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Villa Mirabello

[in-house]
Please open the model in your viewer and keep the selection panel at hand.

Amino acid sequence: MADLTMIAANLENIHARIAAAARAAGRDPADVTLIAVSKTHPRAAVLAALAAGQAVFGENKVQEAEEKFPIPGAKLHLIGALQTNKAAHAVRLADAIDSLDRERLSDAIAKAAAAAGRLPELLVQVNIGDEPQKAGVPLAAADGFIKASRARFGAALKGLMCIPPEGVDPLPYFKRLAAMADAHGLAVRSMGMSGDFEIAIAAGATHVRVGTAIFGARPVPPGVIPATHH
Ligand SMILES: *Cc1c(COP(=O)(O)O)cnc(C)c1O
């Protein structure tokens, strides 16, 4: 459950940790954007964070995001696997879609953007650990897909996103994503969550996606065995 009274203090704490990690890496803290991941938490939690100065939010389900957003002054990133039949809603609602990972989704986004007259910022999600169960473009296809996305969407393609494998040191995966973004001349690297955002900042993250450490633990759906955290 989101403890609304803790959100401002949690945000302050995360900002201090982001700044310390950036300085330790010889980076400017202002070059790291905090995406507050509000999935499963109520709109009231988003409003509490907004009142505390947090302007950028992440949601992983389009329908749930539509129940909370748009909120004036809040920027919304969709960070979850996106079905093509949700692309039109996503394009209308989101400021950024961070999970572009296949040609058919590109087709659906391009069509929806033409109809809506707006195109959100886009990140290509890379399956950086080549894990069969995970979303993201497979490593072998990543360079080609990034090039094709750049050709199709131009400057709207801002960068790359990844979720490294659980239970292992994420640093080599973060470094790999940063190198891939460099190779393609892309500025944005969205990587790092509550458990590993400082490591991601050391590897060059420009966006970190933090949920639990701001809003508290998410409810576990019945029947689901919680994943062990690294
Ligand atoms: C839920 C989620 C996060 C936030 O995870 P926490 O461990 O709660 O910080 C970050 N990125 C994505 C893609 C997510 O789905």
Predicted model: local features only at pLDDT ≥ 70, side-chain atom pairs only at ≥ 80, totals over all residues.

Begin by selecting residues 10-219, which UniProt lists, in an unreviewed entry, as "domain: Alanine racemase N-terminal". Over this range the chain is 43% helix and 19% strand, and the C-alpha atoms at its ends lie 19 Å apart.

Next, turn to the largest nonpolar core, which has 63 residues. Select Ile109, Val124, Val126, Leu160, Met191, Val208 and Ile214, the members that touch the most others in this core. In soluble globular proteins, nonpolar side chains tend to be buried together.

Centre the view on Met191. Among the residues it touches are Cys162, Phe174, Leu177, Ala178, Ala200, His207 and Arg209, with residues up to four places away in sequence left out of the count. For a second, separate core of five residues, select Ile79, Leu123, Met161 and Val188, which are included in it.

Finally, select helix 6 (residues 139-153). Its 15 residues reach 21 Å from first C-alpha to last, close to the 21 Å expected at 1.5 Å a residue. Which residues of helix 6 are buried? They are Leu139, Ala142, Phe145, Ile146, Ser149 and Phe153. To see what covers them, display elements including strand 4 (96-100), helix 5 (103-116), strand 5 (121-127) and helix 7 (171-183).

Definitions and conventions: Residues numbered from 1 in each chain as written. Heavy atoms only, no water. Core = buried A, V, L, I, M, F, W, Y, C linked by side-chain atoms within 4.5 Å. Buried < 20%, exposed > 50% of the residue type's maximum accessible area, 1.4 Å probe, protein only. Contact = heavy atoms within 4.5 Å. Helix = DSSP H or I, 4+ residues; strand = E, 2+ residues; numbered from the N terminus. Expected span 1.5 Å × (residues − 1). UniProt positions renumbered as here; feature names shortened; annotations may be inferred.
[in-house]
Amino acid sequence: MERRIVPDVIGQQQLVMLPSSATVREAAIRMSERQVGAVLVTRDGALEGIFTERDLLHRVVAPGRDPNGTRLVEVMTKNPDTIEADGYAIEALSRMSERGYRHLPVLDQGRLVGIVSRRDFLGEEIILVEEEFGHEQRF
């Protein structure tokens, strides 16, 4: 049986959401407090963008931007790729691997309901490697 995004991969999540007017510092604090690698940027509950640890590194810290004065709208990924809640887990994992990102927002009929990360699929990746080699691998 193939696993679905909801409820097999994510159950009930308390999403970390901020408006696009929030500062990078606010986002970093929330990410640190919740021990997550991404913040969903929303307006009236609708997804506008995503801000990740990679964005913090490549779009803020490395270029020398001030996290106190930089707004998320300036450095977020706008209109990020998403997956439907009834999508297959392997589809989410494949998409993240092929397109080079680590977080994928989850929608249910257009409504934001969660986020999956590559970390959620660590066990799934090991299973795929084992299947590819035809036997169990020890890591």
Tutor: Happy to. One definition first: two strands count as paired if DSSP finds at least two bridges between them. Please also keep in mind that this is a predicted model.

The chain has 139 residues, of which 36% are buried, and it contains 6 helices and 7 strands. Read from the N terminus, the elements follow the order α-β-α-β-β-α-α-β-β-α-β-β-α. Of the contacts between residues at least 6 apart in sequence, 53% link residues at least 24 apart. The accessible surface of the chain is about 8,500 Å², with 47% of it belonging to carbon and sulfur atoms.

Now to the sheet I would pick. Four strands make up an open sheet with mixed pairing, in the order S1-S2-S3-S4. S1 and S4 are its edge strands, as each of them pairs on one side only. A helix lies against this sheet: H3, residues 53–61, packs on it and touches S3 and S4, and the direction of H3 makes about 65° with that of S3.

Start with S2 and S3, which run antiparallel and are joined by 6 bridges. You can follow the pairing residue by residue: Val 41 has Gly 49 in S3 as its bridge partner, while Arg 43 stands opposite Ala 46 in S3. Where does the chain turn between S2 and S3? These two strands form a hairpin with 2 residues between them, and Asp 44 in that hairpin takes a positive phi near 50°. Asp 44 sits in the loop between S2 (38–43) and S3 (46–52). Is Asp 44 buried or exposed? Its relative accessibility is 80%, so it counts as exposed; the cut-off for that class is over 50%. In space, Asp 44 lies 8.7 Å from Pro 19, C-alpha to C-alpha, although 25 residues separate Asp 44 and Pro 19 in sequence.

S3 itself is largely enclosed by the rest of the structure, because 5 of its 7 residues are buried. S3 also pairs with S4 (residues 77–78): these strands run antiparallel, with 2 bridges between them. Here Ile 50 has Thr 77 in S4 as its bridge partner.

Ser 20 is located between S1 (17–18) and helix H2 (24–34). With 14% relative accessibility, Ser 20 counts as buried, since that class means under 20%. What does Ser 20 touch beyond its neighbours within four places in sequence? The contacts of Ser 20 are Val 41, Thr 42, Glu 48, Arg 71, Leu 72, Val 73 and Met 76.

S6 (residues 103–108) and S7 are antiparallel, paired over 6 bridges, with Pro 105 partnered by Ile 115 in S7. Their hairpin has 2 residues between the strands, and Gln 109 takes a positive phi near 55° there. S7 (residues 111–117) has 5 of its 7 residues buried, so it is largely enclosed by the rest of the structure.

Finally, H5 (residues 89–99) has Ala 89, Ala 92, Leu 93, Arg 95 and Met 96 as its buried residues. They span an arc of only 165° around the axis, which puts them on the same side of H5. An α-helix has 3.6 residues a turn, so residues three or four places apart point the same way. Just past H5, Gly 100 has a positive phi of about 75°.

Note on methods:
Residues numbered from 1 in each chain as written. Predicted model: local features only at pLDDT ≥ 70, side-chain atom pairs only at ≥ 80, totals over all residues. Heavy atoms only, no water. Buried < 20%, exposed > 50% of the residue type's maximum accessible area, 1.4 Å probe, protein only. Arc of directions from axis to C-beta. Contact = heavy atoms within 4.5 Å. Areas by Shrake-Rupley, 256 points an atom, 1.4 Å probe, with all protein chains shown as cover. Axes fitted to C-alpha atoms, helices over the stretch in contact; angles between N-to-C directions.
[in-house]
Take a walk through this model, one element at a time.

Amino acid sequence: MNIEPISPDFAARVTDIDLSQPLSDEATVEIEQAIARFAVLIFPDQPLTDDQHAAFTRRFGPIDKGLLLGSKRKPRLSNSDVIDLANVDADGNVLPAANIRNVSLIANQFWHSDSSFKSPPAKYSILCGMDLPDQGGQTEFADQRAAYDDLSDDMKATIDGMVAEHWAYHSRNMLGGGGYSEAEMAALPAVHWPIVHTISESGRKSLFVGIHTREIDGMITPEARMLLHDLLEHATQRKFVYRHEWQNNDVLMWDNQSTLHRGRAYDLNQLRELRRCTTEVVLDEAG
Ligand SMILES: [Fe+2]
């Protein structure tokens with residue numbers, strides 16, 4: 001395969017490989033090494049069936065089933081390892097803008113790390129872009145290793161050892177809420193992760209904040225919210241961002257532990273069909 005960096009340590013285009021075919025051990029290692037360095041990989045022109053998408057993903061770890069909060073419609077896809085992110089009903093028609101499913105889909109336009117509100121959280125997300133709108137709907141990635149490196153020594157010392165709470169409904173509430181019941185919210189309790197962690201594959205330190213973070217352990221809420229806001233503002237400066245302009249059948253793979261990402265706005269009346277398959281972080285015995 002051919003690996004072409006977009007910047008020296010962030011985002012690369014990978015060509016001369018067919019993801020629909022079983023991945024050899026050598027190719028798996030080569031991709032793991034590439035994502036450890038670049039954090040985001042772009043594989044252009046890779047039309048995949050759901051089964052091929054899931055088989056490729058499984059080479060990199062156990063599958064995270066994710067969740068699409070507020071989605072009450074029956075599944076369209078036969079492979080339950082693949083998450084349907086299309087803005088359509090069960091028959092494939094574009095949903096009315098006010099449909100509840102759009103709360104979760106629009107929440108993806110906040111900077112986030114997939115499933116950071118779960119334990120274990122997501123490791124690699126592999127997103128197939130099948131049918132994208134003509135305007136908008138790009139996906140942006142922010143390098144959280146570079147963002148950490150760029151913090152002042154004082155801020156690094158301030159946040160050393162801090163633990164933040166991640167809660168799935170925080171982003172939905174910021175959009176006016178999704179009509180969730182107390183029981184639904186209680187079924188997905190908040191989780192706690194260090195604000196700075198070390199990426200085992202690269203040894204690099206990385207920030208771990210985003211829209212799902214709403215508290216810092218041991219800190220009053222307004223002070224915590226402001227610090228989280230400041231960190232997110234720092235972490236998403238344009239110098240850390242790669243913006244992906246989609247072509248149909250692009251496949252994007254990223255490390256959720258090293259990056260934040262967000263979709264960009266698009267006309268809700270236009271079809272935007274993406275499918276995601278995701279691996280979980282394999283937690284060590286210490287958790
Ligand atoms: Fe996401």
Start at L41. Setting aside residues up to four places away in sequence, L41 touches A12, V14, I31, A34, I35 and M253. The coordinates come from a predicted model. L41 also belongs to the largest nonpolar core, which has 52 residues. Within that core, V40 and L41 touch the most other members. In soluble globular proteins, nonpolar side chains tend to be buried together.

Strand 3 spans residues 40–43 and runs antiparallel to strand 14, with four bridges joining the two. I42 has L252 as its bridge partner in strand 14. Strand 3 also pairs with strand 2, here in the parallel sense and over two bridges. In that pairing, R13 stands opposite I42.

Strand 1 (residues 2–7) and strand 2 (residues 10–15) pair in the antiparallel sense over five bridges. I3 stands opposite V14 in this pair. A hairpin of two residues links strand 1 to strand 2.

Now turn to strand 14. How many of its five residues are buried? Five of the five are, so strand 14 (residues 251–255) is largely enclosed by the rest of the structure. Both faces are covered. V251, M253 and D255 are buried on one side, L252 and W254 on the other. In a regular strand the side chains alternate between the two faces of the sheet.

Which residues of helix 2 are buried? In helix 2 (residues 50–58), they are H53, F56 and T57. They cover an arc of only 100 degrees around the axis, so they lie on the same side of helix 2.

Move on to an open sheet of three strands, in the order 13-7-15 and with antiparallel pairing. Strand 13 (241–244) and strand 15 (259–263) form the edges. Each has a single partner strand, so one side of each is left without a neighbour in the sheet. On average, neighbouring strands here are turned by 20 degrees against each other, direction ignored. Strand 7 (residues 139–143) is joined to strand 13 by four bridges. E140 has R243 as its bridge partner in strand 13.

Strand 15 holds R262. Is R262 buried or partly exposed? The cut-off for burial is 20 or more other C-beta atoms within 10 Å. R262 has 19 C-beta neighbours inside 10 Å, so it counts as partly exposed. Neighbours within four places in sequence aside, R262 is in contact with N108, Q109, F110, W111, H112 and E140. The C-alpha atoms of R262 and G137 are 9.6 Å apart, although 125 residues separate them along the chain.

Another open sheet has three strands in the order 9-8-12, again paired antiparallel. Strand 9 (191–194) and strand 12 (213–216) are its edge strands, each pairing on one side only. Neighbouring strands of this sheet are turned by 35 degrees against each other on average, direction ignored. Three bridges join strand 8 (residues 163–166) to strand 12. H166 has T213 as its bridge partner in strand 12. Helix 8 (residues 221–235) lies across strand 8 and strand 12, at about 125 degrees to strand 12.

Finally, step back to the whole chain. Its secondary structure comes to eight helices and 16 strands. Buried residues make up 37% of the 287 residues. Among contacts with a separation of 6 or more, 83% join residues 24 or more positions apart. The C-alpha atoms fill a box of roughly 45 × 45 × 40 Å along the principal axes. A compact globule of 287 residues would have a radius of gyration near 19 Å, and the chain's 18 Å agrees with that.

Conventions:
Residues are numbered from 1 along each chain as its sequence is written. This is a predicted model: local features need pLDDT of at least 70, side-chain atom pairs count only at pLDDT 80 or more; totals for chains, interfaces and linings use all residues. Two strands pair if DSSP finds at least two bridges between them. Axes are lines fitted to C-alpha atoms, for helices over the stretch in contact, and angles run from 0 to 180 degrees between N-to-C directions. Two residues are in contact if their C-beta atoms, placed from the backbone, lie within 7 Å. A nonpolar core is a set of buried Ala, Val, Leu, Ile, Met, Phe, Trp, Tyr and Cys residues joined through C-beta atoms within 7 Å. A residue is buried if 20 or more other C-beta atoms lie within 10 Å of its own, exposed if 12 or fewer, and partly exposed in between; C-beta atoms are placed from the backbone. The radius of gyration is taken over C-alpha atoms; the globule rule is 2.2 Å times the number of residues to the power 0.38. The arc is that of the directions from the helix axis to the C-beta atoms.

It seems that in the first half of the 15th century the Visconti stayed "in the countryside", a step away from the current Marche metro stop in Milan, in Villa Mirabello. At the time, however, the building we are talking about was called Cascina Mirabello, and it can be found in the documents of 1468 that recognized it as the property of this Pigello Portinari. The Florentine nobleman dear to Prince Sforza, general manager of the annuities of the Milanese duchy and representative of the Florentine House of the Medici in Milan, was also the promoter of the construction of the Portinari Chapel in Sant'Eustorgio. Towards the end of the 15th century, the villa changed hands, becoming the property of the noble Landriani. Antonio Landriani, awarded by Francesco Sforza as mayor of Milan in 1456, then appointed prefect of the ducal treasury by Galeazzo Maria Sforza, later president of the Mint of Milan by the appointment of Gian Galeazzo Sforza, then became a trusted man and adviser politician of Ludovico il Moro. Ludovico himself was a guest of the Landriani in Villa Mirabello on February 4, 1500. A few years later the villa became one of the houses of the order of the Humiliati, of which Gerolamo Landriani was general. The Landriani family remained the owner of Villa Mirabello for some tens of years, enough to leave traces still visible today in the form of coats of arms that stand out on the fireplace of the main hall and on the ceilings, together with the motto "always el duty ”frescoed on the walls of the villa next to pomegranate figures and blue crosses. It seems that the villa then passed from Landriani to Marino, a rich family of Genoese origin whose member Tommaso entrusted Galeazzo Alessi with nothing less than the construction of Palazzo Marino in Piazza Della Scala. The history of the villa, in the following years, is rather confused, but it is known that it later became the property of the Serbelloni family and that, starting from the mid-1500s, it faced a sad decline: the building was reduced exclusively to uses agricultural and over the next three centuries it became increasingly dilapidated, until Luca Beltrami, in 1891, considered it by re-evaluating it as an illustrious example of Lombard architectural art.